On Tuesday the dollar strengthened broadly against its peers, as soft data from the euro zone and the U.K. undermined market sentiment and as market players awaited the Federal
Reserve's upcoming policy statement.
The greenback started to rebound as investors awaited Friday’s U.S. inflation data and Wednesday’s minutes of the Fed's April meeting for fresh indications on the timing of an initial rate hike.
The U.S. dollar index rose 0.74% to 94.92.
The U.S. is expected to release data on building permits and housing starts.
The euro dropped as much as 1.3 percent to touch a one-week low of $1.1160 as senior European Central Bank policymaker Benoit Coeure said the central bank is planning to speed up the pace of its bond-buying stimulus program before the summer in order to avoid the "notably lower market liquidity" in late July and August. Coeure's fellow ECB governing council member Christian Noyer said the bank was ready to take further action to meet its inflation target.
Separately, the ZEW Centre for Economic Research said on Tuesday that its index of German economic sentiment fell to 41.9, the lowest level since December, from April's 53.3.
Another weighing factor was the fear over the prospects of a Greek default, although the country’s labor minister said Tuesday that a deal with its lenders on a cash-for-reforms deal would soon be reached.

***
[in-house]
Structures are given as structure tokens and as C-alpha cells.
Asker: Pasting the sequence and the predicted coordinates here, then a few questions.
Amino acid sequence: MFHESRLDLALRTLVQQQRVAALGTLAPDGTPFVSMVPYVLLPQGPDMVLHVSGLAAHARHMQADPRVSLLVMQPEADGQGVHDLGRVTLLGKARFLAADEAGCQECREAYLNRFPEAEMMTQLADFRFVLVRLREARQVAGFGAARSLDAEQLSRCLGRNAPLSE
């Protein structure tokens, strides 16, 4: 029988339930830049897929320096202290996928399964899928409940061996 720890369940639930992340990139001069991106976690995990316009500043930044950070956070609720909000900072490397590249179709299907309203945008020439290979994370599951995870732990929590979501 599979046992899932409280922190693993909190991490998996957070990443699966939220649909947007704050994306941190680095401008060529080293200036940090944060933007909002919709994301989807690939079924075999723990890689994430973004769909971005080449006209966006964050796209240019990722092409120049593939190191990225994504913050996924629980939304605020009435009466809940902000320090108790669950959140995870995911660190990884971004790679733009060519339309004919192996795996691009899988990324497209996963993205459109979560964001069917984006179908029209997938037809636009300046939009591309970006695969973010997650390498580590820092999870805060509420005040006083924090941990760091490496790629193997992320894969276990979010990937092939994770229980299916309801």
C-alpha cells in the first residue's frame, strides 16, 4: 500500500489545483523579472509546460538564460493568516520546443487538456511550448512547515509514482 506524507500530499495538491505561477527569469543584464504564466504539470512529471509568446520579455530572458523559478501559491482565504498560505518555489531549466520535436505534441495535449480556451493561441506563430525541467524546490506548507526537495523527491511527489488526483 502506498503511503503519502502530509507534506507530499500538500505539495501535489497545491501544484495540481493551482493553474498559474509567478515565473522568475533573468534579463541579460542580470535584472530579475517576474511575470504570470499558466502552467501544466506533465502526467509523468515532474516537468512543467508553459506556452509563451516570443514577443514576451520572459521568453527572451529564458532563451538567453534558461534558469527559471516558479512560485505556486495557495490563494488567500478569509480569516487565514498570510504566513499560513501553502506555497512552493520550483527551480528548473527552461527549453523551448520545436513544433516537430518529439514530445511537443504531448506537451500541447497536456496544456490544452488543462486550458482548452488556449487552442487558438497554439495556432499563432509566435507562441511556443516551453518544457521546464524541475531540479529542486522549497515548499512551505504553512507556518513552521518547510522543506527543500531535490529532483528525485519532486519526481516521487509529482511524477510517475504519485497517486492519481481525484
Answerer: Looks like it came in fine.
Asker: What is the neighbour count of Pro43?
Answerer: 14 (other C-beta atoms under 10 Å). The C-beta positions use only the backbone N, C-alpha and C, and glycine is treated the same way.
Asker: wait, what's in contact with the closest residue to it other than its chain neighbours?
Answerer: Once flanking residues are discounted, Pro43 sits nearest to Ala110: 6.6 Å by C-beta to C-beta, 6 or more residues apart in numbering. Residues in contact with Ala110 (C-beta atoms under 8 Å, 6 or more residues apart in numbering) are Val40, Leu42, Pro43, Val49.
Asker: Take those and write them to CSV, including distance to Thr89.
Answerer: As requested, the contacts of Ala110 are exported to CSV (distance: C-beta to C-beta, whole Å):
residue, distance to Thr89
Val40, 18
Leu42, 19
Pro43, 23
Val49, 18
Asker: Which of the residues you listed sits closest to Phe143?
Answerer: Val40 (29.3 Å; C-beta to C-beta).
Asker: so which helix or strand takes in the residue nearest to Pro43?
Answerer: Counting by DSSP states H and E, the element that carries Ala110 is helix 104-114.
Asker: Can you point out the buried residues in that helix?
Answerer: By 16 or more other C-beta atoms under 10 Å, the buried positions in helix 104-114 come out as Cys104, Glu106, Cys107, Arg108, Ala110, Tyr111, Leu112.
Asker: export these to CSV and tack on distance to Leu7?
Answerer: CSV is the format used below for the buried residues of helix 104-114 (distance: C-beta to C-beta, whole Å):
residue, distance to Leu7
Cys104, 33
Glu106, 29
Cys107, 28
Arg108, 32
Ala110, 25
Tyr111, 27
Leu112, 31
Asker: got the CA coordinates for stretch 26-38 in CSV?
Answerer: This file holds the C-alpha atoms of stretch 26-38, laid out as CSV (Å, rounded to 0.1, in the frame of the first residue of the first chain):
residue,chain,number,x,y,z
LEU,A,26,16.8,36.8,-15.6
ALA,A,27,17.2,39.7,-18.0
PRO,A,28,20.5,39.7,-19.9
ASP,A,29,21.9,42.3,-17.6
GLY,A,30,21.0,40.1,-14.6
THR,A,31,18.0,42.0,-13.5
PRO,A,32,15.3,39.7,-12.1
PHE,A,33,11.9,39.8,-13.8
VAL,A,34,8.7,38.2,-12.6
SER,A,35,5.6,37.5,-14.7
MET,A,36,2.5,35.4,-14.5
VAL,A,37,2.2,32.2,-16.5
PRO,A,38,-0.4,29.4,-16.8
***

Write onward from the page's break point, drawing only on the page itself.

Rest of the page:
Meanwhile, sterling dropped 1 percent to fall below $1.55 after data showed that the U.K. entered into negative inflation last month for the first time since 1960.
The U.K. Office for National Statistics said the annual rate of inflation dipped 0.1% in April after remaining unchanged in the previous two months, while analysts had expected annual inflation to stay unchanged at zero.
The ONS said that consumer prices rose just 0.2% from a month earlier, compared to forecasts for an increase of 0.4% after a 0.2% increase in March.
The Aussie was down, with AUD/USD lower 0.26% to 0.7969, while NZD/USD rose 0.24% to 0.7409.
The Reserve Bank of Australia said in the minutes of its May policy meeting that it remained open to further rate cuts, due to the slowdown in China's economy and concerns over the Australian job market.
The Reserve Bank of New Zealand meanwhile said its inflation expectations for the next two years ticked up to 1.9% in the last quarter from 1.8% in the three months to December.